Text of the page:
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Unit helps Soldiers make move to civilian work force

Sharon McBride
Fort Richardson PAO

Unit helps Soldiers make move to civilian work forceIn order to provide Soldiers assigned to the Warrior Transition Unit with the best possible options for future job employment if they are medically separated from the Army, the Army Career and Alumni Program began offering expanded services within the unit earlier this year.

Ilka Paniptchuk, ACAP counselor at the WTU, came to the job knowing she would have to hit the ground running.

 “Returning to civilian life can be difficult, especially when it’s a surprise,” Paniptchuk said. “I took this job at the WTU knowing I would have to be creative and be willing to implement programs and resources as needed.”

Soldiers at the WTU all have unique needs, and ACAP is constantly adapting to them, she said.

The first step for Soldiers assigned to the unit to get appropriate services is filling out a DD Form 2648, or a pre-separation checklist, she said. The form identifies areas of interest a Soldier might have and provides the basis for a transition plan.

“Soldiers going through a (MOS/medical retention board) need fill out a DD Form 2648 as soon as possible,” she said.

Department of the Army guidelines state it should be filed within 90 days before a transition, but if a Soldier is being medically boarded they have the option to fill it out sooner.  

That way, Paniptchuk can line up a variety of services geared toward making them more successful whether they stay in the Army or get out.

For example, the checklist can reveal a Soldier’s need for additional education or financial planning.

Once a Soldier knows for sure he is being medically separated, ACAP is there to make the transition to a civilian job as smooth as possible, she said.

“We always start by identifying a Soldier’s transferable skills and experience they have gained while in the Army,” Paniptchuk said.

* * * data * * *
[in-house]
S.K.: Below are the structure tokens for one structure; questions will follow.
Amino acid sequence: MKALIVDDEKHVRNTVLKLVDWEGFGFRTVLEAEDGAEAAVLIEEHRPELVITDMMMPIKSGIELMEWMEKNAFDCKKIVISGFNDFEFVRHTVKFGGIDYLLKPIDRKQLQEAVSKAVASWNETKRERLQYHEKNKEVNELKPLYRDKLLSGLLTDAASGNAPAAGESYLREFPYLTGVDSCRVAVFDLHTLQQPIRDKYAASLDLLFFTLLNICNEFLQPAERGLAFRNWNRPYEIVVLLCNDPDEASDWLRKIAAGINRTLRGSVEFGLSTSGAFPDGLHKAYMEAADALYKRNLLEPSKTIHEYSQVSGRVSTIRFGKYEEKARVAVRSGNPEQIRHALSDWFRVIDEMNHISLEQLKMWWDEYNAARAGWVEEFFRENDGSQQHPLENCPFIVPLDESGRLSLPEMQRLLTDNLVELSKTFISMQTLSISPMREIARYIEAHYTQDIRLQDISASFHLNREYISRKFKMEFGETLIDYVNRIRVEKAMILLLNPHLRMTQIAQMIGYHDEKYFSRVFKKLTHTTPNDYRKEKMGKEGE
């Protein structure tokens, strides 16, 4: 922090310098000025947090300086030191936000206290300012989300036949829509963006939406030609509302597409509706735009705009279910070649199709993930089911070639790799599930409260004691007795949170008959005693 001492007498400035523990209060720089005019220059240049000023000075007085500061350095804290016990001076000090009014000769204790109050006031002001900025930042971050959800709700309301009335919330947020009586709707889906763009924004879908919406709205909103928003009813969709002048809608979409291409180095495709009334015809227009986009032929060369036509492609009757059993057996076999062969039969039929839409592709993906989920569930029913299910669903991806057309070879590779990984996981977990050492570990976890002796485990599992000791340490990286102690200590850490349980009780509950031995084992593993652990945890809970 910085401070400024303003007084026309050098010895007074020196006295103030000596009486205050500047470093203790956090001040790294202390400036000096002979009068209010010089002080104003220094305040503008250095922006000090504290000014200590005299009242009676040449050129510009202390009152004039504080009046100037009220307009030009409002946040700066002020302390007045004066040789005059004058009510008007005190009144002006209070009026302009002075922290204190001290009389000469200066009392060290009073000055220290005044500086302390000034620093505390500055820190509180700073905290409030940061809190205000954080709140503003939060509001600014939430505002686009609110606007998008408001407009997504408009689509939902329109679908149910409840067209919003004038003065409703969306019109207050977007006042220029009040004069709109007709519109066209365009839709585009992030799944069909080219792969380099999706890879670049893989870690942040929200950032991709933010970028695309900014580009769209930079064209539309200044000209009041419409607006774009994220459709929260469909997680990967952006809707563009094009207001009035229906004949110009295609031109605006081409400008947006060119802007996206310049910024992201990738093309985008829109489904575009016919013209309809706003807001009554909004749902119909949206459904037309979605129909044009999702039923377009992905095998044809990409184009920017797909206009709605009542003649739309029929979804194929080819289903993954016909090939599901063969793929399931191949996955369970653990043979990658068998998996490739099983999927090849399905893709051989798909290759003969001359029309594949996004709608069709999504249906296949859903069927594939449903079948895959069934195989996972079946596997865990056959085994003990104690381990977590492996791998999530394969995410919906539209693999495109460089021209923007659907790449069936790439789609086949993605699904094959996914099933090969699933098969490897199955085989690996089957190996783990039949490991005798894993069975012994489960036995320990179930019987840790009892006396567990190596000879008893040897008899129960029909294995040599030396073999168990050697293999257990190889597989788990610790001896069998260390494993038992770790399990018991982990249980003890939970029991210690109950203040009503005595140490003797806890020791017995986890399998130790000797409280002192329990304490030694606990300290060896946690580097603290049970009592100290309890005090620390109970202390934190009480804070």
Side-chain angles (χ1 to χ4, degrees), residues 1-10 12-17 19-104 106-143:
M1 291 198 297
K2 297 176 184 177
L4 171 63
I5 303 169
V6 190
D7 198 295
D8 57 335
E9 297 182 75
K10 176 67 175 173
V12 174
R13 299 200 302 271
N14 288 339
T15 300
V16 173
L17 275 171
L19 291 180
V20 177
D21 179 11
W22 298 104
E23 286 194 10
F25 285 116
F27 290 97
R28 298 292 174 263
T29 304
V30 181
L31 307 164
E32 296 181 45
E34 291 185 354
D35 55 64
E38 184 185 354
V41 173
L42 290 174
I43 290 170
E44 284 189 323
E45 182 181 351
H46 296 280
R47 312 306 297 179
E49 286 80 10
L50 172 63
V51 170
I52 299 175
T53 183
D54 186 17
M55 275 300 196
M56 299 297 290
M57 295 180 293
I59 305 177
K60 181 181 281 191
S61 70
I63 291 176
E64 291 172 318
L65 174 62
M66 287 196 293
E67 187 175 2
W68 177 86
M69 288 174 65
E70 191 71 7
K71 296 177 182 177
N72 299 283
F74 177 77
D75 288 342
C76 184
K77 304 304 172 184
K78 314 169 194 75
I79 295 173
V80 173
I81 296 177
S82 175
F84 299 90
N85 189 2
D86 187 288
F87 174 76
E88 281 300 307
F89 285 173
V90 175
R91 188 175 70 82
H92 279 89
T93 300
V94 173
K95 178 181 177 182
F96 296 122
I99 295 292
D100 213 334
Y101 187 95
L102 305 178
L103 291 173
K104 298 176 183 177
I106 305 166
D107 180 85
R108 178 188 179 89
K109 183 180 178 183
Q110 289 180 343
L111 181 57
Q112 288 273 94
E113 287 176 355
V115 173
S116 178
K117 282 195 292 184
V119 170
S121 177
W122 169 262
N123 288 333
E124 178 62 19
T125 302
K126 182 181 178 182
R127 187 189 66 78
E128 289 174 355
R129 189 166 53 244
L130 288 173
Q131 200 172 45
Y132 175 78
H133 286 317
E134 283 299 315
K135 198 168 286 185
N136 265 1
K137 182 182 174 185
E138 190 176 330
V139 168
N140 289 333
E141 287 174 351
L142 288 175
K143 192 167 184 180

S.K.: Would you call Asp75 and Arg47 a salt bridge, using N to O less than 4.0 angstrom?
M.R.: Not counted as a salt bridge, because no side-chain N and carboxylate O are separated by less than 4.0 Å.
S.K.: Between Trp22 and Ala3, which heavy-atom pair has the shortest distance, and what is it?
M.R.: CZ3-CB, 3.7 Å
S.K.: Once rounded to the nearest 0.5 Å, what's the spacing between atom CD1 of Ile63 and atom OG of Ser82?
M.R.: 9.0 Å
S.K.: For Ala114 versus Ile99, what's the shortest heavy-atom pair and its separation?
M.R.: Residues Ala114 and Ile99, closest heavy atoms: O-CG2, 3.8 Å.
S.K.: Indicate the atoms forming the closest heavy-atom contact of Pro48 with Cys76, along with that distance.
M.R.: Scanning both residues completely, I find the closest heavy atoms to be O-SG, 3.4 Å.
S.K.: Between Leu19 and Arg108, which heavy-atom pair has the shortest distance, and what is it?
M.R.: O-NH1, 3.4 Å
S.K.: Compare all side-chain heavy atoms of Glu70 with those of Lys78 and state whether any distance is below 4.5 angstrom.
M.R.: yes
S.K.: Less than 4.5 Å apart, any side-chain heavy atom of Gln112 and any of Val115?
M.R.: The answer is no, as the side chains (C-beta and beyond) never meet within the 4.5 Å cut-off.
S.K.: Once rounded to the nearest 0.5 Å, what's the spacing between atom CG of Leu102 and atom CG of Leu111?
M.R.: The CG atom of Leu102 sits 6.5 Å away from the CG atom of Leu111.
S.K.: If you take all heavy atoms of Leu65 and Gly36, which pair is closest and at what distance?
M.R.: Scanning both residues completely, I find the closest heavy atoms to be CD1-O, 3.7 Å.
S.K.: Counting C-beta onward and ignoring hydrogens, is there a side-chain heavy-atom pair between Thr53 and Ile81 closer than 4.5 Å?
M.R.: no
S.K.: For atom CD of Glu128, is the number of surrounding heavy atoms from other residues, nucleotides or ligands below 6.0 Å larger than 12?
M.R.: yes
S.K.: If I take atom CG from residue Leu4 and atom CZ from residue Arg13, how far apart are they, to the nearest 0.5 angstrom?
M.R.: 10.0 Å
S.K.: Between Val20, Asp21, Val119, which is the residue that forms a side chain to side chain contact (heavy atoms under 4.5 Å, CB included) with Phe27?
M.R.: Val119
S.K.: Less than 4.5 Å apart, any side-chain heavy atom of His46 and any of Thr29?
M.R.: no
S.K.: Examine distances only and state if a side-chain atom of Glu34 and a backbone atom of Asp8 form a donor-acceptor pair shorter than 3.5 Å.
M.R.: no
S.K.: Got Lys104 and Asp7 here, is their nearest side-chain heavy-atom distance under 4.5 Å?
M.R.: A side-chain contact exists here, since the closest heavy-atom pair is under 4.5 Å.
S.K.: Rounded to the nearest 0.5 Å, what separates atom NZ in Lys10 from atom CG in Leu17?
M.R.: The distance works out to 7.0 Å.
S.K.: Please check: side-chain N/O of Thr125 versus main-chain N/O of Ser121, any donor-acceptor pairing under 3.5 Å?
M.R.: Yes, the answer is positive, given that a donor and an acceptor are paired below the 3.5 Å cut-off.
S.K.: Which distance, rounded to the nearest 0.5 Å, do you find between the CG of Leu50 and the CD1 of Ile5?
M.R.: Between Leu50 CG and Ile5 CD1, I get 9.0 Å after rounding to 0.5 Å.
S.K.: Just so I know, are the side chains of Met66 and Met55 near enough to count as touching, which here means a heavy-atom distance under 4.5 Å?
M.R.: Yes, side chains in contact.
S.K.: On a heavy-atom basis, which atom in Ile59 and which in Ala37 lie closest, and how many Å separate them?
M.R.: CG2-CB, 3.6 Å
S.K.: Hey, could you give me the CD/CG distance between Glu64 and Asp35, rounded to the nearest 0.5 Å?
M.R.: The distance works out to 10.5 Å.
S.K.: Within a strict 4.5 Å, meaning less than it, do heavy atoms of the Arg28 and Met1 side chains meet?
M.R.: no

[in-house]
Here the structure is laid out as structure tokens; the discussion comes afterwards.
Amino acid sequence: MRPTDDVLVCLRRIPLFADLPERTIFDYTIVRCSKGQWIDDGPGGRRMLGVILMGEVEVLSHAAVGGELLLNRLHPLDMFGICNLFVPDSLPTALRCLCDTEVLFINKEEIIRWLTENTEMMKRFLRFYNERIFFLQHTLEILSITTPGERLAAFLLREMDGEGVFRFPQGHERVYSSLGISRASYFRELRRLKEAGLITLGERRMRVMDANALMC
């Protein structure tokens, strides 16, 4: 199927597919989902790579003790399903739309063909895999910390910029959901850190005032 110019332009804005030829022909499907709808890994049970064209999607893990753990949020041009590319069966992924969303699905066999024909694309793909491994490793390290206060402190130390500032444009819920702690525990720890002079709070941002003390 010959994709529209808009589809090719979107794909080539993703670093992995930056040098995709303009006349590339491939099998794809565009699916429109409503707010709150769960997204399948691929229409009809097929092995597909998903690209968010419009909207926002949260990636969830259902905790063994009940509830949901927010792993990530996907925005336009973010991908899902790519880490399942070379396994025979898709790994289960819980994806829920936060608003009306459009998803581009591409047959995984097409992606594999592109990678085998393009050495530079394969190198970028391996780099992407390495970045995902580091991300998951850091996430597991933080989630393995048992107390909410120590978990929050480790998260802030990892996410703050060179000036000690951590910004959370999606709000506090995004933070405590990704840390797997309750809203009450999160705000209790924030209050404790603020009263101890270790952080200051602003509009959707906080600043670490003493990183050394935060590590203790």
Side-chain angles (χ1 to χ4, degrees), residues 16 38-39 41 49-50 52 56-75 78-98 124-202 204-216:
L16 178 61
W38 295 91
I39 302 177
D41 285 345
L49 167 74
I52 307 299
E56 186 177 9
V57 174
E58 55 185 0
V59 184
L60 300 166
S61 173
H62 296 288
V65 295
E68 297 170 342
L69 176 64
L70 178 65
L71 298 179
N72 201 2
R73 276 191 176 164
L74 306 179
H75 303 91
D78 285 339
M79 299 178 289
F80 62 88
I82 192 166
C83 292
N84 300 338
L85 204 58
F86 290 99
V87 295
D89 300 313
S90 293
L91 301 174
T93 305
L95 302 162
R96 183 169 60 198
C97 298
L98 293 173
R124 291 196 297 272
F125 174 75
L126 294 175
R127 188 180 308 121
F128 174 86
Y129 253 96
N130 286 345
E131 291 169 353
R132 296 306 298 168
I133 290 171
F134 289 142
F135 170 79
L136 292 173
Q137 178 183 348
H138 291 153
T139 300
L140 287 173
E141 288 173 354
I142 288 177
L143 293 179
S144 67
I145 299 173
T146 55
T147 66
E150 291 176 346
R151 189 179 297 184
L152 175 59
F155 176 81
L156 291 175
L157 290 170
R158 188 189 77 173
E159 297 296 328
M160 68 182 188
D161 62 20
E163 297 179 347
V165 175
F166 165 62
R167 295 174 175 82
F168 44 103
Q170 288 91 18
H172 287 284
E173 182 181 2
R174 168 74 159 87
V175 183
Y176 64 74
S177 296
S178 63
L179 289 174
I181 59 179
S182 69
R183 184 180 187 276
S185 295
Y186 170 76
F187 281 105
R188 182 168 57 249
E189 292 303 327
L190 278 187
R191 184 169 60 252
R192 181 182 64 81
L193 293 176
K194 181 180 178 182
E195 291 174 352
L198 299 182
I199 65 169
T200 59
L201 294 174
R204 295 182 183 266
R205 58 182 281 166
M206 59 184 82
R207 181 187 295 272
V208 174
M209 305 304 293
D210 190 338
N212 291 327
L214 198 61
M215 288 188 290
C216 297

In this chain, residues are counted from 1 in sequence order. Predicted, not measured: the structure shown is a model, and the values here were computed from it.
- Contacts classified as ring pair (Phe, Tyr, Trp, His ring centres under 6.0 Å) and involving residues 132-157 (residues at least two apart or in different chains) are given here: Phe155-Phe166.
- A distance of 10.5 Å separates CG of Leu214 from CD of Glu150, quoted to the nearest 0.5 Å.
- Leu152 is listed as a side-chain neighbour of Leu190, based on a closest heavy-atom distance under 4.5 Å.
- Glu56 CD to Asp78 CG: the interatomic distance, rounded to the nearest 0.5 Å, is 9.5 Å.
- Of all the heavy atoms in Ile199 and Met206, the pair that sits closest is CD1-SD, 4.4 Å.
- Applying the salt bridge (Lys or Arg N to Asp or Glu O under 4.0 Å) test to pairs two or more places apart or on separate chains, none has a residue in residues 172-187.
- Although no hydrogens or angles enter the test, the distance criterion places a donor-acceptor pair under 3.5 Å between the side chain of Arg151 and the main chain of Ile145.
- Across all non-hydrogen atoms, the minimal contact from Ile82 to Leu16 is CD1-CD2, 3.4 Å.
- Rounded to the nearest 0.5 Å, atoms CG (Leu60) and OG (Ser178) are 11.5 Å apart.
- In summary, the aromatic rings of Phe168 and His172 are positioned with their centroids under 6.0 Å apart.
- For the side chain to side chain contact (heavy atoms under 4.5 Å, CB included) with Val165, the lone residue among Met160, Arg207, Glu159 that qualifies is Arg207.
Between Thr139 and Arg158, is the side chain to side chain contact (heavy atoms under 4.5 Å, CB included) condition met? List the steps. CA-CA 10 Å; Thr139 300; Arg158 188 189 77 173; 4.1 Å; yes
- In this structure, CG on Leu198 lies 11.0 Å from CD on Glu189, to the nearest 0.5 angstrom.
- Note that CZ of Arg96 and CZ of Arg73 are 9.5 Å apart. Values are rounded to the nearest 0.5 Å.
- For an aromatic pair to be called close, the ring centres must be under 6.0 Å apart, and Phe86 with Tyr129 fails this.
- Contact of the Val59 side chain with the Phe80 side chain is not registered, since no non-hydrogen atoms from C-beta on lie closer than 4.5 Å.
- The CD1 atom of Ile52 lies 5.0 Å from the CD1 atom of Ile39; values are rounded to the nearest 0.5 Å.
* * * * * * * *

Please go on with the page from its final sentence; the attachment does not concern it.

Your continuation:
Most Soldiers are surprised to learn there are many other Army skills and values they learn beyond their MOS which are highly sought after by civilian employers.

Qualifications like leadership training, and being able to work as a team member, getting along and working with all types of people, working under pressure to meet deadlines, giving and following directions, staying drug free, having a security clearance, planning and organizing, working safely and having a familiarity with records and personnel administration are all highly-marketable skills, she said.

Paniptchuk is careful to note, however, the transition she helps plan for each Soldier is unique and consists of several phases with different imbedded opportunities.

Getting additional education or vocational training, resume writing, job search skills, filling out a federal job application and securing internships are just a few of the things Paniptchuk can help a transitioning Soldier with as he negotiates through  each phase of the process.

To date, Paniptchuk said, there have been several success stories.

For example, she said one WTU Soldier who used to work as an electrical engineer for the Army had injuries which kept him from staying in. The skills he learned in the Army translated very well into a job as a civilian building inspector. 

There are 35 WTUs across the Army, and each WTU ACAP program is definitely not one size fits all.

 “Our program is completely different from Fort Hood’s or Fort Lewis’,” Paniptchuk explained.

 Currently, there are 164 Soldiers assigned to the WTU at Fort Richardson, Paniptchuk said, adding she will help each and every one with their varying transition plans.

“Their main mission is to heal,” she said. “Mine is to help with smooth transitions.”